The Mateh: Potential for Good or Evil

Now we can begin to understand the Mateh. It is neither good nor evil. Its nature depends solely on the one who holds it. It represents the nachash, the snake of evil, but it is also used for spirituality, to carry our Hashem’s mission in this world. When in the form of evil, it causes Moshe to run away in abject terror, but when in the form of good, it allows the world to witness Hashem’s miracles. While this alone is an essential point, we can develop this theme even further. 


The Bent Path and the Straight Path

The midrash compares Mitzrayim and the nachash to a “bent path”, while the mateh symbolizes a straight path. What is the deeper meaning behind the concepts of the bent and straight paths? 

Imagine you are walking along a straight path. At any point along the path, if you turn around, you can see exactly where you came from. However, if the path suddenly takes a sharp turn, bending off its straight course, then if you turn around, you can no longer see the starting point of your journey. The same is true of the physical world in which we live. Originally, the physical world loyally and perfectly reflected its spiritual root. When you looked around, you saw and experienced Hashem, and knew that He created the world; it was like looking back down a straight path. However, after Adam sinned, the entire world fell. The world became a bent path, whereby it is no longer clear where we come from.

The nachash bends and slithers, representing a bent path, a world of evil and brokenness, where you can no longer see Hashem. The mateh represents a straight path, where you learn to trace yourself back to your source.

When Moshe first encounters Hashem, he is told to thrust the mateh to the ground, where it then transforms into a snake. When something is thrust to the ground, low and distant from its transcendent source, and misused, it becomes bent, it becomes evil. But when Moshe lifted it up, towards the sky, tracing it back to its source, straightening the bent path, it became a mateh, a source of good.


Explaining Moshe’s Showdown with Pharaoh

Based on this deep explanation of the bent and straight path, we can understand Moshe and Aharon’s showdown with Pharaoh in a new light. The midrash explains that when Moshe and Aharon turned their mateh into a snake in front of Pharaoh, he laughed. Not only did he proceed to do this himself, but he then brought his magicians to do it, and even brought his wife to do it. To drive his point home, he proceeded to bring the schoolchildren to do this as well. Laughing at Moshe, he exclaims: “One who has goods to sell should take them to a market which is short on supply. You’ve brought your goods to an overstocked market”. In other words, we are not impressed. Moshe responds, “One who has the top-quality produce takes it to a well-stocked market, where the dealers are experts and will recognize the superior quality of the goods.” On that note, Aharon’s mateh swallows all the other snakes, once it has already transformed back into a mateh. The deep explanation behind this cryptic scene is not just that Moshe overcame Pharaoh and Mitzrayim. Remember, the midrash explained that the snake and Mitzrayim represent the bent path. The mateh represents the straight path. It doesn’t say that Moshe and Aharon’s snake swallowed Pharaoh’s snakes, it says that their mateh swallowed their snakes! Meaning, the straight path overcame the bent path, good overcame evil.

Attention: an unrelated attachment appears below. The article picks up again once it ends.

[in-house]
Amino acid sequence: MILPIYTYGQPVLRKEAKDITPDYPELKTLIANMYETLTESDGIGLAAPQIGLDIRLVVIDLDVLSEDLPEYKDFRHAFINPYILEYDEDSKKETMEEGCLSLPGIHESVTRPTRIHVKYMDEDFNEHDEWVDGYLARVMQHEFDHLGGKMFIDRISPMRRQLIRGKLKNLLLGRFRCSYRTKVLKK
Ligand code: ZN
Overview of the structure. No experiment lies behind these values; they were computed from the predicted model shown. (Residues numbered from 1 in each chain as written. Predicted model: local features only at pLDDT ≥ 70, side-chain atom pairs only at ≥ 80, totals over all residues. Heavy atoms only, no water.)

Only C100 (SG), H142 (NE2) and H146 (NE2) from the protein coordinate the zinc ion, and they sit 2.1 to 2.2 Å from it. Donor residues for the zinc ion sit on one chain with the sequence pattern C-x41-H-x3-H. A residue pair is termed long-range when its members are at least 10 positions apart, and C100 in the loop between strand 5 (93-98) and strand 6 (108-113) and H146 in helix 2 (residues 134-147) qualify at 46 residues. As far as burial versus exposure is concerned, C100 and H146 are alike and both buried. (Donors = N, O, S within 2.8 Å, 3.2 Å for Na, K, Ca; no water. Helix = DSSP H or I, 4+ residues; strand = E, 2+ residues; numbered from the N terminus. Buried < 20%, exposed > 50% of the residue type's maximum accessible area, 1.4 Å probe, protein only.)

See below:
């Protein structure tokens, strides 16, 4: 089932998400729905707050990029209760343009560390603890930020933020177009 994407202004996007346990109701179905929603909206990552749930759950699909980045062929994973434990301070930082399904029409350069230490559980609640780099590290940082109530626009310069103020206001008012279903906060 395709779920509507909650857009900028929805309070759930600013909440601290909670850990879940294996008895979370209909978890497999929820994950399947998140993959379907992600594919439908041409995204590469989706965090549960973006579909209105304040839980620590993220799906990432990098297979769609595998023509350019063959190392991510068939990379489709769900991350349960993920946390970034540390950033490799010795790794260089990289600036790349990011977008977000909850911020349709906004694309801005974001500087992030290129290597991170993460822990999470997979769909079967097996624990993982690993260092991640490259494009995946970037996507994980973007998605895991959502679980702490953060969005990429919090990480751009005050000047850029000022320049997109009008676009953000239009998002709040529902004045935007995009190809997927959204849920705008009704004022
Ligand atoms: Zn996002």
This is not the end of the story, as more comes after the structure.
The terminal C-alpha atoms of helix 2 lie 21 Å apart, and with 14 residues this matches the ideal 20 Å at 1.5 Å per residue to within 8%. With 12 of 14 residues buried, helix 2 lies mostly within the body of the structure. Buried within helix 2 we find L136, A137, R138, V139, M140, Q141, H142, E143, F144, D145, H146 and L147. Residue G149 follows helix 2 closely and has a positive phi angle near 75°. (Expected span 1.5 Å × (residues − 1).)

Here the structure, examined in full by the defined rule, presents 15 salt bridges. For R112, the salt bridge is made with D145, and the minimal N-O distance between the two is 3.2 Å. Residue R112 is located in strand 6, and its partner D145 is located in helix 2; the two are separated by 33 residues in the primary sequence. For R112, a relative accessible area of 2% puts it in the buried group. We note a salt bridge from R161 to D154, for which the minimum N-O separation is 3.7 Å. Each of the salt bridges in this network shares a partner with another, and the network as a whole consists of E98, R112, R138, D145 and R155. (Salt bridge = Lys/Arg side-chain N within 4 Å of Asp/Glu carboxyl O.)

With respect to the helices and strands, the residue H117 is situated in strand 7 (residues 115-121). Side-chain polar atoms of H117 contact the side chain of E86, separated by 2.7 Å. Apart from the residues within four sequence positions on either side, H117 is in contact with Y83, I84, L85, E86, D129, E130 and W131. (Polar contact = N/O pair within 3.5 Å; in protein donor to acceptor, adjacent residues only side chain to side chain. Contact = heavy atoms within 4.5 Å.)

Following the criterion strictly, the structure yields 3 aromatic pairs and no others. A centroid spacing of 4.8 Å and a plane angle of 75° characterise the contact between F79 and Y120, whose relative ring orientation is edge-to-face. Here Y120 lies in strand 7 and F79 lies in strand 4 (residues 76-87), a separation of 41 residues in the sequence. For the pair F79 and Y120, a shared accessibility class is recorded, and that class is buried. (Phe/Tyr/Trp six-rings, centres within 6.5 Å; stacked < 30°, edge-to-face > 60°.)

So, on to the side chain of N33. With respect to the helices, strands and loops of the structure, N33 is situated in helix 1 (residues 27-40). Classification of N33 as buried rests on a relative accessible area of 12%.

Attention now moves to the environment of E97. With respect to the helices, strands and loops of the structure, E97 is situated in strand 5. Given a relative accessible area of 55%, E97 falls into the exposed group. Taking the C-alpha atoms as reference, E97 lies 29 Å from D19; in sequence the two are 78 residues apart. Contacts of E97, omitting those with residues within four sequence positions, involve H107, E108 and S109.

The Secret of Tzitzis

The principle of the straight and bent path is also the secret behind Tzitzis. Tzitzis are only required on a cornered garment. It is only when the garment ends, and begins to bend, that we are obligated to attach tzitzis to the corners. The straight lines of the tzitzis straighten the bent path of the garment. Thus, the tzitzis represent our ability to source ourselves back to Hashem, even on a bent path. The different details of tzitzis beautifully reflect this idea. We wear ticheiles, strings dyed a beautiful ocean blue color, to trace ourselves back to sea, then to the sky, then to the kisei ha’kavod (Hashem’s throne), and ultimately to Hashem Himself. The gematria of tzitzis is 600, and when you add the eight strings and the five knots you get 613, corresponding to the 613 mitzvos we use to connect ourselves to Hashem.


Straightening the Bent Path

Everything in our world is potential that can be used for good or evil. The choice is yours. Just like those two wolves living inside of us, you get to choose which one you feed. The pull and temptation of desire can be overwhelming, but the beauty and oneness of truth must prevail. We each get to choose who we become. Let us be inspired to straighten the bent path, build clarity from confusion, oneness from brokenness, and bring the world to its ultimate destination!